Address1-19 Torrington Place
Senior Research Fellow
Behavioural Science and Health
Institute of Epidemiology & Health
Since 2008 the HPV
vaccine to prevent cervical cancer has been offered to 12-13 year old girls.
While uptake has been good, it has been lower among some ethnic minority
groups. The aim of my current research is to examine this disparity. Through my
research I am developing and evaluating a theory- and evidence-informed complex
intervention to increase uptake of the HPV vaccine among girls from Black and
Asian minority ethnic backgrounds.
Doctor of Philosophy
|University College London|
Master of Science
|King's College London|
Bachelor of Science
|University of Bath|
I am funded by the Cancer Research UK-BUPA Cancer Prevention post-doctoral Fellowship (2014 to 2019), entitled ‘Why are girls from Black and Asian minority ethnic backgrounds less likely to receive the human papillomavirus (HPV) vaccine? Developing and testing a complex psychological intervention to increase informed uptake.’ I gained a BSc in Psychology (University of Bath) and MSc in Health Psychology (Distinction, King’s College London), prior to completing my PhD in Health Psychology in 2011 at UCL, funded by a UCL Dean’s studentship (‘HPV vaccination and risky sexual behaviour’). Following my PhD I worked with Professor Amanda-Jane Ramirez (2010 to 2012, King’s College London) on a series of studies developing, trialling and implementing interventions to promote early presentation of breast cancer in older women. I then worked with Professor Martin Gulliford (2012 to 2014, King’s College London) conducting epidemiological research into screening using electronic patient record datasets and a randomised controlled trial of a health psychology intervention to promote uptake of the NHS Health Checks. Alongside this role I was a research adviser for the Research Design Service London.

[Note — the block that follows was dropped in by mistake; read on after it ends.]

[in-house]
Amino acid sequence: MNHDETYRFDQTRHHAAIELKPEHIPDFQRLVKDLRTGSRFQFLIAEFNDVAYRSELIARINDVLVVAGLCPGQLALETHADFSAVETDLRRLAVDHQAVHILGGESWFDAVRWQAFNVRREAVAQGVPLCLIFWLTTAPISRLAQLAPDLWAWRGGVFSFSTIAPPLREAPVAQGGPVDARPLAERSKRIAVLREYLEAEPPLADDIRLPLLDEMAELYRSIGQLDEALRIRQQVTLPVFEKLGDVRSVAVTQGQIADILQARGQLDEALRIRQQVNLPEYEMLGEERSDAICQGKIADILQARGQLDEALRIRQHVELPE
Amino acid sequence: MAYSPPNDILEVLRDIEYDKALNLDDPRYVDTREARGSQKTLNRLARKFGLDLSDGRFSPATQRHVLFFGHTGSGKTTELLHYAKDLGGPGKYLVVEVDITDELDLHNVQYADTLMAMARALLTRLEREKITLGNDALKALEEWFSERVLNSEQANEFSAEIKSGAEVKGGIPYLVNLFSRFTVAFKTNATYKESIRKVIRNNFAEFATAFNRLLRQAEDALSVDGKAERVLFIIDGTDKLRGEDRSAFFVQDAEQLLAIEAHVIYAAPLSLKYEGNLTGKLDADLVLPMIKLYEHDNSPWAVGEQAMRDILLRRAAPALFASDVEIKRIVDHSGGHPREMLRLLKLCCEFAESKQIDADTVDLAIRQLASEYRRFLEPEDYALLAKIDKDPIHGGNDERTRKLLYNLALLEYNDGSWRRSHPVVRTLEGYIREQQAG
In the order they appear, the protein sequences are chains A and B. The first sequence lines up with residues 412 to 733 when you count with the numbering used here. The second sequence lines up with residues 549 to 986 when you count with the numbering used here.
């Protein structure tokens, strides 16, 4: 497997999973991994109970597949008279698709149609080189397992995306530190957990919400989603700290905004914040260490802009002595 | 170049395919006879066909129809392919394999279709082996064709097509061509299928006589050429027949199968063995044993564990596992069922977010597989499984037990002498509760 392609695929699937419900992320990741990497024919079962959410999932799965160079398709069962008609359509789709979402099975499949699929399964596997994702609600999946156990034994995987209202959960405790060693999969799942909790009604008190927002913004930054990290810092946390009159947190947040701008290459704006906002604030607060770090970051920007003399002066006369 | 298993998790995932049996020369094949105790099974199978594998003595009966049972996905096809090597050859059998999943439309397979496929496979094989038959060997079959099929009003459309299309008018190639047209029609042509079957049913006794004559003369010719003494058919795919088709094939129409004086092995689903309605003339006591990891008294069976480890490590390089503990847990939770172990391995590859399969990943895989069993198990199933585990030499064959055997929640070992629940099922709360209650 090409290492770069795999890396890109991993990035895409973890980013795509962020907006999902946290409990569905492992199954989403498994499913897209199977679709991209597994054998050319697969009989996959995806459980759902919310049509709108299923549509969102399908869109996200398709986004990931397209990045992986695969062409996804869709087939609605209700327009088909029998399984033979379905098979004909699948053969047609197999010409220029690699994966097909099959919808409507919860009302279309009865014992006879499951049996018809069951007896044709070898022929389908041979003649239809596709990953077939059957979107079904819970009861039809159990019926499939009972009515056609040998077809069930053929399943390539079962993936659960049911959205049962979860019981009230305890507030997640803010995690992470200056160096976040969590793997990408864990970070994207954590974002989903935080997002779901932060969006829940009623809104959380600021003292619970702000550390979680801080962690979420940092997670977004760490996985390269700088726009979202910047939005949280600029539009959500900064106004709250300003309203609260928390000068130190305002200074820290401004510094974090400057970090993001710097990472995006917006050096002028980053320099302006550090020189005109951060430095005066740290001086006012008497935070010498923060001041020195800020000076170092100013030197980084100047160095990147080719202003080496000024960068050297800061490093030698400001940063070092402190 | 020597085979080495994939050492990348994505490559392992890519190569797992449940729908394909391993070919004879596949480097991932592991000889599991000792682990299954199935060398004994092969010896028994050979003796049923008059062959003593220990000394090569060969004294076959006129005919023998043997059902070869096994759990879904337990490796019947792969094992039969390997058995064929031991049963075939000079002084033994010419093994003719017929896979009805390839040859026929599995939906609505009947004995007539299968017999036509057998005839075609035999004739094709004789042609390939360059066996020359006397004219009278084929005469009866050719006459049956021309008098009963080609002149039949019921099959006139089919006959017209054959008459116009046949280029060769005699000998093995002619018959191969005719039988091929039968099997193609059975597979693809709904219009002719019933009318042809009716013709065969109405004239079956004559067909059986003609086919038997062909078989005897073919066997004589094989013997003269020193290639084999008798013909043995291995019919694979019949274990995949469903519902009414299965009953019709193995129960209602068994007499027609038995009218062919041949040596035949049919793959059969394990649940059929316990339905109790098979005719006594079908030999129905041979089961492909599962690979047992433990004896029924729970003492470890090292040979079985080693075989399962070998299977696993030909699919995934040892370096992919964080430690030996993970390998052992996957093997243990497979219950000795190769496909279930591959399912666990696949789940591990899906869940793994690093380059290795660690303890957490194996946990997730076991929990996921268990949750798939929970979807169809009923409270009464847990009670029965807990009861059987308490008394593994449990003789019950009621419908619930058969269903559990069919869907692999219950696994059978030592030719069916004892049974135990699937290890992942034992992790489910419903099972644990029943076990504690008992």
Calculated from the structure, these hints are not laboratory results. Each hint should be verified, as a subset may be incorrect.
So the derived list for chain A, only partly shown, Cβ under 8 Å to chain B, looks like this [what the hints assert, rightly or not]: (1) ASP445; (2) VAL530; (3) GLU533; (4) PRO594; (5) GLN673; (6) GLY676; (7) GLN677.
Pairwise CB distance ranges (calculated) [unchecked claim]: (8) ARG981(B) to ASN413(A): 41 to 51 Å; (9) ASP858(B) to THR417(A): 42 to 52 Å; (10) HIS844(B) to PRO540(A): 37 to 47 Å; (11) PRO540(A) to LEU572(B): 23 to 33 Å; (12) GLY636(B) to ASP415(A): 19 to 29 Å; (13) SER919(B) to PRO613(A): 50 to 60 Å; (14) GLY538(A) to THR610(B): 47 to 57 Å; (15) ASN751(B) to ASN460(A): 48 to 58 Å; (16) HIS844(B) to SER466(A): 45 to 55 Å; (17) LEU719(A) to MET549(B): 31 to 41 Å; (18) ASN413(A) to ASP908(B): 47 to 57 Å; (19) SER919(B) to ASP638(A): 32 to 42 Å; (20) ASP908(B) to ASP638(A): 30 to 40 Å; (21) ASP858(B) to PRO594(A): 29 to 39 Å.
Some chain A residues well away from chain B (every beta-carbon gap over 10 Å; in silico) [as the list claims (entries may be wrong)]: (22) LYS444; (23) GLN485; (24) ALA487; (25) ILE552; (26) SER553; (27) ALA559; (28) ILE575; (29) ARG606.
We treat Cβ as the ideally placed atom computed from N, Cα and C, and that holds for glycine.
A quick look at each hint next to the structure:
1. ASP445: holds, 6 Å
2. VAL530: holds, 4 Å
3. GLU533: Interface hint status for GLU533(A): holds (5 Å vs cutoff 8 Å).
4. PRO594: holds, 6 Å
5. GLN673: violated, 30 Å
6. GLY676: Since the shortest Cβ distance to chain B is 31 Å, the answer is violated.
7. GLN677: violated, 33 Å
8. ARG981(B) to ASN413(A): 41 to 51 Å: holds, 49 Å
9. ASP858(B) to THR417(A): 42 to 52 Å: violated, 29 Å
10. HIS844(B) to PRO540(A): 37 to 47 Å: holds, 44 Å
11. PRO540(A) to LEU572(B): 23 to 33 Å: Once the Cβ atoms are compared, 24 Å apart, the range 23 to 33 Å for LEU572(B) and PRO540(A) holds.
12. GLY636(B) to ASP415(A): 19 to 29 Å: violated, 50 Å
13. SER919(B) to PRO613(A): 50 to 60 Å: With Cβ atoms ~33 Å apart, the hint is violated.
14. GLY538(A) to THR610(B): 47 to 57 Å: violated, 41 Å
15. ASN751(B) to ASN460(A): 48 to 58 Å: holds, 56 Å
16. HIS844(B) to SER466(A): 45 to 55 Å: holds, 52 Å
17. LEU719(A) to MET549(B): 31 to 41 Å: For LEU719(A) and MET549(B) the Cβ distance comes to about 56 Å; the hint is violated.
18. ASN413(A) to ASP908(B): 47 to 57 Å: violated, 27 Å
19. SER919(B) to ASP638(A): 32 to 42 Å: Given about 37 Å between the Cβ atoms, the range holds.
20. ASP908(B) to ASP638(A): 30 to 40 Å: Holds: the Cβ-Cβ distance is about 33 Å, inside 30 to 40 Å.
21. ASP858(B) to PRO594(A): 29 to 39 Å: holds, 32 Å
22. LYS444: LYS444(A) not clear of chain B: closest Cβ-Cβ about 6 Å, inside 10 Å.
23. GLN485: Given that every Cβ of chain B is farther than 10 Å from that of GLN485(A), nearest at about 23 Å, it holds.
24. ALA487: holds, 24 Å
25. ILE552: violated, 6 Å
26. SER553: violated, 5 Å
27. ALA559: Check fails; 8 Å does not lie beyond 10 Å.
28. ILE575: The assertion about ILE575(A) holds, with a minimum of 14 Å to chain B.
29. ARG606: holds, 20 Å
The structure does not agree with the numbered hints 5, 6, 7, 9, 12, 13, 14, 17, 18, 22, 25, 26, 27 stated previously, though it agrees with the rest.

- Developing and testing the feasibility and acceptability of a novel mobile phone app to increase habit strength for physical activity: the bank of good times.
- Why are girls from Black and Asian minority ethnic backgrounds less likely to receive the human papillomavirus (HPV) vaccine? Developing and testing a complex psychological intervention to increase informed uptake